BY STEVEN WYSON
There’s a lot to be said for playing professional football for an island football team. With the islands we’re looking at at least, the weather is pretty good, the lifestyle is relaxed and you are out of the public eye and free to live your life in a way that you’re not really when you play on the mainland of a major footballing nation.
Oh, and there’s the fact you’re still getting paid to play football. So if any island football clubs are watching and are in desperate need of a 23-year-old with an eye for a pass but not the ability to actually play the pass and one dodgy ankle.
When I say an island football team, we’re interested in teams that play on an island but are part of a larger mainland league. For example, APOEL Nicosia are an island football club in the sense that they are a football club from the island of Cyprus, but they play in the Cypriot league. If they played in the Greek Super League, they would be eligible. Rankings on based on current strength rather than historical.
It seems bizarre that Palermo, who may have topped this seven in years gone by, miss out altogether by virtue of their financial ruin and forced relegation into the fourth tier of Italian football, but at least we’ve given them a mention. Cristiano Ronaldo spent two years at Nacional before signing for Sporting Clube de Portugal, and the club were relegated from the Portuguese Primeira Liga last season, meaning they’ll be playing in the second tier next season.
Head Coach Yannis Anastasiou of Panathinaikos in action during the Greek Cup semi-final match between Panathinaikos FC and OFI Crete FC at the Apostolos Nikolaidis Stadium on April 16.
The more intuitive of our viewers out there may have deduced from their name that OFI Crete, which isn’t actually their official name I should point out, hail from the largest and most populous of all the beautiful Greek islands, Crete. Not only do OFI compete in the top flight of Greek football, they actually hold the record for the most consecutive appearances in the Greek Super League. Despite that, they’ve never actually won the league, coming closest when they finished as runners-up back in 1985-86.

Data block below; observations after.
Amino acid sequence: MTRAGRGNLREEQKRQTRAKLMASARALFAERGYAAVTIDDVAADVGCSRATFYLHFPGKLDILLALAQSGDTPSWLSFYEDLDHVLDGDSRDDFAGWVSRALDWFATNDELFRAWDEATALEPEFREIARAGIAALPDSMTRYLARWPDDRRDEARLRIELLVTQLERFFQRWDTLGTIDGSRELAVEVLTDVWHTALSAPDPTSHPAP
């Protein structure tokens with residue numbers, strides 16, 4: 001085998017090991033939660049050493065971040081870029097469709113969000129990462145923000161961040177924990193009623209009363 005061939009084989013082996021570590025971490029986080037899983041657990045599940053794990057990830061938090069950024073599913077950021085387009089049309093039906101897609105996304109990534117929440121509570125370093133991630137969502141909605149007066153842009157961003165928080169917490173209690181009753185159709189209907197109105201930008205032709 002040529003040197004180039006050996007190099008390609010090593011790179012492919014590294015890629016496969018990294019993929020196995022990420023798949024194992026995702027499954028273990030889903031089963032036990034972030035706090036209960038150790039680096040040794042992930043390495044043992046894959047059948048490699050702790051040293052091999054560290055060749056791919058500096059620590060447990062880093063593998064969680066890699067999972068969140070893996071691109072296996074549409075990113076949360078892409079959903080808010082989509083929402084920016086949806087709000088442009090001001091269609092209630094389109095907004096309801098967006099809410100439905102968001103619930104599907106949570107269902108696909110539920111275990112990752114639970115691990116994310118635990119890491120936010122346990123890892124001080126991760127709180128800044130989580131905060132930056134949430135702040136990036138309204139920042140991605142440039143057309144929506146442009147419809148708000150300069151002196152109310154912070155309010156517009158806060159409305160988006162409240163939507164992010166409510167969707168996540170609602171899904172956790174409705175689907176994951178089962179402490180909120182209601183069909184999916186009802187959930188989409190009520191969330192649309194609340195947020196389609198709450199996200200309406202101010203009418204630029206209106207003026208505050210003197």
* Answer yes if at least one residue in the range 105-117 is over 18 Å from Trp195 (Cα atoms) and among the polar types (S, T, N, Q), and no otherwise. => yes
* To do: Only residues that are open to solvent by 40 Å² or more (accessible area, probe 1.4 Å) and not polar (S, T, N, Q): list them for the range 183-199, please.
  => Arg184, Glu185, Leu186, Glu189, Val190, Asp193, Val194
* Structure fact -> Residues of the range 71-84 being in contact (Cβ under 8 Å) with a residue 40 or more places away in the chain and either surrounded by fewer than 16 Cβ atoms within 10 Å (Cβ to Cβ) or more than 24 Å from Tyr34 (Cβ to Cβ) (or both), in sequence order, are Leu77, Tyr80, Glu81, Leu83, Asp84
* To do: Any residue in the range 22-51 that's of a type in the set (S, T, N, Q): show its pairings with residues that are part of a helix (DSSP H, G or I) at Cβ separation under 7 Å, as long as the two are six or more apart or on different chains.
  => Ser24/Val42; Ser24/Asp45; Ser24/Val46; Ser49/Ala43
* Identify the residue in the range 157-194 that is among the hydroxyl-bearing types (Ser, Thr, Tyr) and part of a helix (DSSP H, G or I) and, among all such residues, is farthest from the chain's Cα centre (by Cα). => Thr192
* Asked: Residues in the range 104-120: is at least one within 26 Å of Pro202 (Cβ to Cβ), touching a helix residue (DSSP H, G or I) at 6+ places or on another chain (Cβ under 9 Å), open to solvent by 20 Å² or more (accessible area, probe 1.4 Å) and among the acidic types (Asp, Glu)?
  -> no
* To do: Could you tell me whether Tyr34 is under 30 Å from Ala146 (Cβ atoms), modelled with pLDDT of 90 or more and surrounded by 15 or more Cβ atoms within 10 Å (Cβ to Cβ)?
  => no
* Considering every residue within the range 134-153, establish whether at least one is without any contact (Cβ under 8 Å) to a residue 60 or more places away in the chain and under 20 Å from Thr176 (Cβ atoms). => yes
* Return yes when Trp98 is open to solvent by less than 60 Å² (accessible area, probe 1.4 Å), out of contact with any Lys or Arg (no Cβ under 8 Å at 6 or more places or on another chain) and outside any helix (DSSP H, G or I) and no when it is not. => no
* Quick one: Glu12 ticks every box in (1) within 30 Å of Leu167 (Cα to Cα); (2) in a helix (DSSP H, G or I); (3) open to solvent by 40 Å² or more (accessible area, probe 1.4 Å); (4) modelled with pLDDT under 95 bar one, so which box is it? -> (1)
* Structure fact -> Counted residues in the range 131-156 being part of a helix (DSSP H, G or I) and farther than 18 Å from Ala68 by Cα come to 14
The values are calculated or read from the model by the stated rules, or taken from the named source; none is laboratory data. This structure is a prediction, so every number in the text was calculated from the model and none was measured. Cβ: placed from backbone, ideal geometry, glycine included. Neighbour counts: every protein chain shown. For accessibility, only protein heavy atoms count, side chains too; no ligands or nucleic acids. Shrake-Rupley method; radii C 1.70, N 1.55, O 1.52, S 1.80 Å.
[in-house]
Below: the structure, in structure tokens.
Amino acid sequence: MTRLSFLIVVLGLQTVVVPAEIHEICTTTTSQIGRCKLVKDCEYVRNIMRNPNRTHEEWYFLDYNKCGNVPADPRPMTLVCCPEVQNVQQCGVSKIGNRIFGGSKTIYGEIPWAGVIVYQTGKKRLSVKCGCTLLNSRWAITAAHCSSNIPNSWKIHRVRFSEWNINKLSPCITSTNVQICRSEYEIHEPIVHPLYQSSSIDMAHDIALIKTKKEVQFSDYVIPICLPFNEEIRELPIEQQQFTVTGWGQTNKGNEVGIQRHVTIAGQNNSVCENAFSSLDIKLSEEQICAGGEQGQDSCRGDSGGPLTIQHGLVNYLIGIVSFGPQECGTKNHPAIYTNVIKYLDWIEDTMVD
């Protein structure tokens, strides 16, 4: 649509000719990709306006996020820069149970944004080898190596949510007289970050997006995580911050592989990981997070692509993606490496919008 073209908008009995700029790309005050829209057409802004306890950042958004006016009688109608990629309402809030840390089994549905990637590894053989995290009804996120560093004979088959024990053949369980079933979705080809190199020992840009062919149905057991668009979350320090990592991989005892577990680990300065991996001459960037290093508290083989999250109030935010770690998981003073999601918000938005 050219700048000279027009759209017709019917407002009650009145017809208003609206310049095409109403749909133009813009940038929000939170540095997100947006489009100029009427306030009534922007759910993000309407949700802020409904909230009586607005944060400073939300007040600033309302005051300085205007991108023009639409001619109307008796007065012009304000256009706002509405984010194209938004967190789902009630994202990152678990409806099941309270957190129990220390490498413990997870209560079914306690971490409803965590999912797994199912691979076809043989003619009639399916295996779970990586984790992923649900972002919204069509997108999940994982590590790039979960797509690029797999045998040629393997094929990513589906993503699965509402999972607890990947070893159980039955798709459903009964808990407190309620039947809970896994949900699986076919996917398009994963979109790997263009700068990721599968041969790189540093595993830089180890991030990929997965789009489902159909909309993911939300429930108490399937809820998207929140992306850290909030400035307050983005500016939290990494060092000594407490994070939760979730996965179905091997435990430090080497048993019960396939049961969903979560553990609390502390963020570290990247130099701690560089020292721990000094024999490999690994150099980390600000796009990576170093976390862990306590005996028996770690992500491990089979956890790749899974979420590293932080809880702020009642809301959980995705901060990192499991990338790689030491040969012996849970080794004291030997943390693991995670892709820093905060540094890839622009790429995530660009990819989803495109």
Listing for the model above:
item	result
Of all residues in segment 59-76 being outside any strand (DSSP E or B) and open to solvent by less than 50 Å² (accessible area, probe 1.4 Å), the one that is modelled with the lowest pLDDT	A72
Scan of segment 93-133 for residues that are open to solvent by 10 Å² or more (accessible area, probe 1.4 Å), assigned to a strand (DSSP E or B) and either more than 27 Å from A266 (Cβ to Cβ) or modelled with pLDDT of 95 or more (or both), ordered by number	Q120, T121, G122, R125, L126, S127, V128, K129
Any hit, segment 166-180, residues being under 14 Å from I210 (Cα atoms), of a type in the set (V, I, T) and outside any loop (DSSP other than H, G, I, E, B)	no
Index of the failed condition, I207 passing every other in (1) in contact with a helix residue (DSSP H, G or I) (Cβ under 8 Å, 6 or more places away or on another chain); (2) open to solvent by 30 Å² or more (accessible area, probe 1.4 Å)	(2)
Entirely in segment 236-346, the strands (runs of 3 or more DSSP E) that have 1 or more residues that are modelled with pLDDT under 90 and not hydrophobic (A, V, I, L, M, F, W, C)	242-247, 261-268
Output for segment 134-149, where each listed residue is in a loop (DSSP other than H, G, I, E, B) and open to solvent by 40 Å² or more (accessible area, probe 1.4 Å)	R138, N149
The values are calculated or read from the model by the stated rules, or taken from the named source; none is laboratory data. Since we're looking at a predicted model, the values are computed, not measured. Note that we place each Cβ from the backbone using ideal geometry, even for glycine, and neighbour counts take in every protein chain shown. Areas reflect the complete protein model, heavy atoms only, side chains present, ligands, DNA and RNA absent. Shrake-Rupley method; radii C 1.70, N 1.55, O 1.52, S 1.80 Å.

Club Deportivo Tenerife have impressive pedigree, having spent virtually the entire 1990’s in La Liga, having been managed by the likes of Jupp Heynckes and Rafa Benitez, and once having made the last four of the UEFA Cup. They have been playing outside of La Liga ever since their most recent top flight relegation in 2010 though, and finished in a not particularly inspiring 16th place last season. Interestingly, here is a picture of our fifth place entrants CD Tenerife playing our seventh placed entrants CD Nacional in a friendly game back in 1925.
Carlos Casemiro of Real Madrid CF scores their second goal from a header during the La Liga match between UD Las Palmas and Real Madrid CF at Estadio de Gran Canaria on March 13, 2016 in.
From one Canary Island club to another, Tenerife and Las Palmas contest the Canary Islands derby and are widely considered the two best teams on the island. Las Palmas have been the more successful of the two in derby games and they also come in one place ahead of Tenerife here, having finished 12th in the Segunda Division last season. Las Palmas were La Liga runners-up back in 1968-69, sandwiched between Real Madrid in first and Barcelona in third, and they play out of the 32,400 capacity Estadio Gran Canaria.
Returning to the Madeiran capital of Funchal, C.S. Maritimo are the best team from the Portuguese island right now. Three teams compete in what is known as the Madeira derby, but whilst Uniao are in the third tier right now and Nacional are in the second, Maritimo finished 11th in the Primeira Liga last season. Whilst Nacional supporters are associated with the wealthier portion of Madeirans, Maritimo are considered to be the team of the working class, and much of their rivalry stems from this fact.
Cagliari Calcio, better known simply as Cagliari, are the second best island football team by our criteria in the world right now. Based on the Italian island of Sardinia, Cagliari are former Serie A title winners, having been inspired to the title thanks to the goals of Italian legend and the club’s greatest ever player Gigi Riva in 1969-70. Cagliari finished 15th in Serie A last season, and they will celebrate their 100 year anniversary next year.
Arguably the best island football team in the world right now, RCD Mallorca will be playing in La Liga this season, having won promotion from the Segunda Division last season. Hailing from Palma in Mallorca, Real Club Deportivo Mallorca won the Copa del Rey back in 2003, when they still had record goal scorer Samuel Eto’o on their books. This season will be the Spanish outfits first back in La Liga since 2013, and no doubt survival will be the aim.